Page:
Parasitic wasps are very effective predators, though each species typically preys on one particular kind of pest. Typically, adult parasitic wasps find host insects and either lay eggs into or onto their prey. Larvae can develop singly or - depending on the species - number in the thousands, killing the target host. Note that these wasps are tiny - often not visible to the naked eye - and not aggressive, though some may sting if being crushed by an unwary gardener.
Parasitic wasps range in size from under a half a millimetre (0.02 inch) to about 2 centimetres (3/4 inch), depending on the species. They can be extremely effective: braconid wasps against aphids, caterpillars, sawflies and greenflies, Encarsia formosa against whiteflies, etc. There are parasitic wasps for most insects - including those preying on beneficial insects, including other benificial parasites.
Some parasitic wasps are available commercially. Many can be attracted by growing small-flowered plants nearby, as adult wasps require food - nectar and pollen - as well as moisture. Alyssum, chamomile, yarrows and tansy, dill and fennel, lavender, lemon balm, parsley, statice and wild carrot especially are known to attract beneficial wasps to the garden.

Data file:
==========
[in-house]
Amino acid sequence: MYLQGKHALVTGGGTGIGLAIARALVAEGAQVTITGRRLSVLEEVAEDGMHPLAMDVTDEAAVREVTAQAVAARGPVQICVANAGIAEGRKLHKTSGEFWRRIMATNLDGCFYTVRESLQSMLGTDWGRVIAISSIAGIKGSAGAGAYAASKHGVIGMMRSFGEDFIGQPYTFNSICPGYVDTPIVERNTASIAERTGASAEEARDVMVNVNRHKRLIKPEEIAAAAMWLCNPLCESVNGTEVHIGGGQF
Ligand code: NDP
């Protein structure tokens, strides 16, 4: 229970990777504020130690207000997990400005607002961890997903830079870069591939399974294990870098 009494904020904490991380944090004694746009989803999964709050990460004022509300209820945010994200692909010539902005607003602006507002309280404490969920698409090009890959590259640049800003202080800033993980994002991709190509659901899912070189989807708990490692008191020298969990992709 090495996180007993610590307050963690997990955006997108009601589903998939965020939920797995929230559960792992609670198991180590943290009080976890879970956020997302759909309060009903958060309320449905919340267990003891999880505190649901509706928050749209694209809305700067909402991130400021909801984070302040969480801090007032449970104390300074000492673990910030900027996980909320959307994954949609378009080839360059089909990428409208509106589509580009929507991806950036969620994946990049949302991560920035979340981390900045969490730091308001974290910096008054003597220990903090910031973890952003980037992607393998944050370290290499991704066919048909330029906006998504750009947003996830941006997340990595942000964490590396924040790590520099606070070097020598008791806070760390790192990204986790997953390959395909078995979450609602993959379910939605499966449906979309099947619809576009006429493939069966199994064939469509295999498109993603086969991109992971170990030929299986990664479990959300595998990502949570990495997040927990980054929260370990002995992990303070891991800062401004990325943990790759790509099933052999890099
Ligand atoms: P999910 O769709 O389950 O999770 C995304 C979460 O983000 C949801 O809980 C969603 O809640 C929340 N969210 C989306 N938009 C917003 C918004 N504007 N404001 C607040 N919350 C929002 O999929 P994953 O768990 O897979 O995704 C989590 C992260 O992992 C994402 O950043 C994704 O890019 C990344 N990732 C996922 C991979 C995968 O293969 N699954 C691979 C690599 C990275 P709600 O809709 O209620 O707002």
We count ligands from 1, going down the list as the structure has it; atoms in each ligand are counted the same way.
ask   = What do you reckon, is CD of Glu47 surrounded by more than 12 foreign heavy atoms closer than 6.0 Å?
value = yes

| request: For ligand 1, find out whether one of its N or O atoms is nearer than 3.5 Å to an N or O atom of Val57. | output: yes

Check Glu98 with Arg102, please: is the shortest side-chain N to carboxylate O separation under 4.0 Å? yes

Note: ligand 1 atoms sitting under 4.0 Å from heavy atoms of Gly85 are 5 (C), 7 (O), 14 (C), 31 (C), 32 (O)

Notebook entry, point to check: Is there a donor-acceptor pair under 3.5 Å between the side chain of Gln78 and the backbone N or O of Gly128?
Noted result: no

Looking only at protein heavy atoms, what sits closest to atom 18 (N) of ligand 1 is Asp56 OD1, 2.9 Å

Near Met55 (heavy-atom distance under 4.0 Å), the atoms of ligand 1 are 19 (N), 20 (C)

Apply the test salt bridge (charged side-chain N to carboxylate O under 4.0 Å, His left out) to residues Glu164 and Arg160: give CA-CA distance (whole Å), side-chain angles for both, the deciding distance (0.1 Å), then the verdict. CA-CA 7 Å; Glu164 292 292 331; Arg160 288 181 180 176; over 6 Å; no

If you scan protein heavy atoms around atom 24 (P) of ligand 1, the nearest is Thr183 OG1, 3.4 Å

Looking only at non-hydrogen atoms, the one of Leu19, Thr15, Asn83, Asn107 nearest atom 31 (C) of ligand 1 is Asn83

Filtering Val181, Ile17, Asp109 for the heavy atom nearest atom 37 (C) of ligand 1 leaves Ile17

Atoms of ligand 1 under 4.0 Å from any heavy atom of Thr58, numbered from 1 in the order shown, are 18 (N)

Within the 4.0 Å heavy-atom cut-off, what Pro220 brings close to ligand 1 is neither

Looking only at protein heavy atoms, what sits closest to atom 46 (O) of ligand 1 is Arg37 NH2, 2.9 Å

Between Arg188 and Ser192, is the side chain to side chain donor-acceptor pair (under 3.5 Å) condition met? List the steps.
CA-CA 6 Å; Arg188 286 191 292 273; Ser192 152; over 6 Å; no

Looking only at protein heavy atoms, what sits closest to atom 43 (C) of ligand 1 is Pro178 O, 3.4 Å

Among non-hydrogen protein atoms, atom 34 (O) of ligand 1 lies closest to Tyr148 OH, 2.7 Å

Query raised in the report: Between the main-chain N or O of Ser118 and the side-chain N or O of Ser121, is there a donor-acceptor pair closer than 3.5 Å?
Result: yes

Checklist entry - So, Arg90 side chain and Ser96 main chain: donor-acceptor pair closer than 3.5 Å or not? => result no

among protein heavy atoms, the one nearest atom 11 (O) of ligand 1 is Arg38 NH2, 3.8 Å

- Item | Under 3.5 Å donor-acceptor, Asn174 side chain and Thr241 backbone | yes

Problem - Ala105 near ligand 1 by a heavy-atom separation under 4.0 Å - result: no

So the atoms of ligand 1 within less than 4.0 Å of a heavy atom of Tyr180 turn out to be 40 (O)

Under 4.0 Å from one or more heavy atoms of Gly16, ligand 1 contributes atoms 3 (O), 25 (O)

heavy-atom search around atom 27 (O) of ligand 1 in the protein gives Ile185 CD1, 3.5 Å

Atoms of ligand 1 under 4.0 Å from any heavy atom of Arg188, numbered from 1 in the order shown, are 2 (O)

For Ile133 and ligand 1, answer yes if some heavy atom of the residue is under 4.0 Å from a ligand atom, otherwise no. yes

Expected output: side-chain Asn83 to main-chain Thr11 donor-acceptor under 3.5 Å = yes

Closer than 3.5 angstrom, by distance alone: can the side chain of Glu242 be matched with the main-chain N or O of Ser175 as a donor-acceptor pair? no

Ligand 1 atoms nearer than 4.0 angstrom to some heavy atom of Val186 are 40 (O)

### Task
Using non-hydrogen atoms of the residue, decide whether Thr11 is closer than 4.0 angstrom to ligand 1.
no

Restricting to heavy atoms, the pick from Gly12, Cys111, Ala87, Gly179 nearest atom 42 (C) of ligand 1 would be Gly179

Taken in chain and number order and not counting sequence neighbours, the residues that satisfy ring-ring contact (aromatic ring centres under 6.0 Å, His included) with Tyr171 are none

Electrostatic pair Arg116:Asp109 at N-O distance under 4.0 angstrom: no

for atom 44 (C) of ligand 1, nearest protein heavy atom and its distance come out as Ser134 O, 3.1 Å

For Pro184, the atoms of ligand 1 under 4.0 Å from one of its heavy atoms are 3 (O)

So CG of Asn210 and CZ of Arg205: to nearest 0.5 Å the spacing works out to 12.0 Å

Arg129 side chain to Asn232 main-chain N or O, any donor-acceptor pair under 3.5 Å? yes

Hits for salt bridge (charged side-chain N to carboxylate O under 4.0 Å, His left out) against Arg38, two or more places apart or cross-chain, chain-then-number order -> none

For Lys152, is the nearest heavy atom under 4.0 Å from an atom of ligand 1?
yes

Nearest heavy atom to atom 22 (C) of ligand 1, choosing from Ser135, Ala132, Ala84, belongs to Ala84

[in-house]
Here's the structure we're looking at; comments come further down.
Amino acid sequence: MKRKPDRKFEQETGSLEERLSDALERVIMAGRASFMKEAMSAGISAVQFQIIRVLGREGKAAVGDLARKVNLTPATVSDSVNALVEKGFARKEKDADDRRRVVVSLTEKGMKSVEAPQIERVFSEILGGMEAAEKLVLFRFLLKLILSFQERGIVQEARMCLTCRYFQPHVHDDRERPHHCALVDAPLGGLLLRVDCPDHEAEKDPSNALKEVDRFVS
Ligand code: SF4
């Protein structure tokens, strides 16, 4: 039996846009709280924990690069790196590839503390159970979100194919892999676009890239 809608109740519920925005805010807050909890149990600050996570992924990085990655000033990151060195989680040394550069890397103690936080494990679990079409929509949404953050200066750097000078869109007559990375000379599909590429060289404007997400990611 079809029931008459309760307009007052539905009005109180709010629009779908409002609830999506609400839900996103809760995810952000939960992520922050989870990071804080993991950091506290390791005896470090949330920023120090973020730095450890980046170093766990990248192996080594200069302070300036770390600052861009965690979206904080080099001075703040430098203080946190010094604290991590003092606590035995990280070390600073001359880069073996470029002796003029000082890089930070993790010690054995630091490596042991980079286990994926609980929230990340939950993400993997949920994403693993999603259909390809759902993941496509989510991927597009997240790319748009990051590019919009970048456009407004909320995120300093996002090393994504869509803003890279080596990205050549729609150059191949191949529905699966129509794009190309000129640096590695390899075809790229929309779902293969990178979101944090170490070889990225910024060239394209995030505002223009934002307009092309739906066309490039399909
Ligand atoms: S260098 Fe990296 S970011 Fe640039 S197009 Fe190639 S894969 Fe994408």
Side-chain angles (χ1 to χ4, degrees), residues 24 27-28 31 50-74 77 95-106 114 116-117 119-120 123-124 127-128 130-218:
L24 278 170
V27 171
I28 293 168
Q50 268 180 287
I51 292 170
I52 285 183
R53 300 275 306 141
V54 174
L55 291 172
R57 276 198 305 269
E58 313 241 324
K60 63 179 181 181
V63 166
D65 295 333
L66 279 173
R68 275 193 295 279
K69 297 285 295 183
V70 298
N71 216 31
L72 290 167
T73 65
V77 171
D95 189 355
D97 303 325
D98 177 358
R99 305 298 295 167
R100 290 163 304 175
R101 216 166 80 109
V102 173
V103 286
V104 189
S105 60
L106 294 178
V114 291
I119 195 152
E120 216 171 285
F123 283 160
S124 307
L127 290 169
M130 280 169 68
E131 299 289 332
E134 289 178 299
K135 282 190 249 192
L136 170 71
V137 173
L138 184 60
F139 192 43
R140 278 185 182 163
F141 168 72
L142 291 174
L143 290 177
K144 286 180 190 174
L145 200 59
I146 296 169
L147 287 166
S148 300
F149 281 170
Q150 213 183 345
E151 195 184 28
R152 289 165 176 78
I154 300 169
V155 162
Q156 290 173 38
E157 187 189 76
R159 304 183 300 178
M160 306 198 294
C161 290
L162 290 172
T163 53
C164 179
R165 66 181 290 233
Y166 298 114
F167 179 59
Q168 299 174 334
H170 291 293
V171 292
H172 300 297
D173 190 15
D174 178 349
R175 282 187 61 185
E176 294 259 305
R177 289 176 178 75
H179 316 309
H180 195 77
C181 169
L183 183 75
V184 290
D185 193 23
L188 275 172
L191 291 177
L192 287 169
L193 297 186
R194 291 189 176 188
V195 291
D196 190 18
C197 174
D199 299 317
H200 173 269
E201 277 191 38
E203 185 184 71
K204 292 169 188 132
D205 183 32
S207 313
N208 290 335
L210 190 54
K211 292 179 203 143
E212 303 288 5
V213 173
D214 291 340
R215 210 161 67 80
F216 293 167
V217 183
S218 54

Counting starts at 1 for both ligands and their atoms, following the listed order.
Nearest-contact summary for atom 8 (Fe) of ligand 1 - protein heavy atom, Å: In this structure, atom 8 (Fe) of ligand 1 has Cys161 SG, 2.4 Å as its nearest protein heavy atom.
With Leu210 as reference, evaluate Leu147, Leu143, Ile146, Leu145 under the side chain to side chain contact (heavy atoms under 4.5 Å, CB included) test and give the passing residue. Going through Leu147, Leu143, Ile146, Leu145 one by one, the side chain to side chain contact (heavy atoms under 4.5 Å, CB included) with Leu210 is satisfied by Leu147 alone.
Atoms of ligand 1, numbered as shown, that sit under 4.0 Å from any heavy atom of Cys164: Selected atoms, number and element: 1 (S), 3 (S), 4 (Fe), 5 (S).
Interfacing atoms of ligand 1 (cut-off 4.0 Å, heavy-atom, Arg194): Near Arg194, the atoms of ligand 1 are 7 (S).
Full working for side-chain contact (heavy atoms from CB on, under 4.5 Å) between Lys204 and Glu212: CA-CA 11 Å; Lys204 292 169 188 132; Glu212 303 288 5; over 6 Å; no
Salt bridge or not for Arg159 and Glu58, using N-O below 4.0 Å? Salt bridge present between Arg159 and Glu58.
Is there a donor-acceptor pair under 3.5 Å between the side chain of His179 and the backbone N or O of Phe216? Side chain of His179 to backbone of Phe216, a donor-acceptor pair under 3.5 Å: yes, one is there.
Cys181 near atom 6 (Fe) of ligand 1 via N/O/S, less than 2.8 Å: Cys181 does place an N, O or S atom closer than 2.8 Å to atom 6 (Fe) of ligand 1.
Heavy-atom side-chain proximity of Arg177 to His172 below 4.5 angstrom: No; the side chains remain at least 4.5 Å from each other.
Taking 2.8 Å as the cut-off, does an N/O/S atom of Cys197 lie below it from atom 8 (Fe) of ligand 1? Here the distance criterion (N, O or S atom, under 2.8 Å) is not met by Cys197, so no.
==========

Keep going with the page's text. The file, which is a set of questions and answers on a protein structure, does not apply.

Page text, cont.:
Moisture best comes from shallow standing water, or from moisture on leaves and stems, i.e. from rain, dew, or sprinkler-type irrigation. Still, rain and dew are unpredictable; dew burns off quickly on a summer day; sprinkler irrigation is inefficient. Saucers of water or shallow puddles or ponds, with partially-submerged pebbles for take-off and landing, work well. However, such can also be breeding grounds for mosquitoes. Experiment to determine what works well for you.
Parasitic wasps also require protection from sun, rain, and other predators. Strive for a diverse local ecosystem with a good variety of plants to provide the shelter they require.
A few of the commercially available wasps:
Note that parasitic wasps can be very sensitive to insecticides, though they typically complement other parasitic insects quite well, i.e. ladybugs for aphids.
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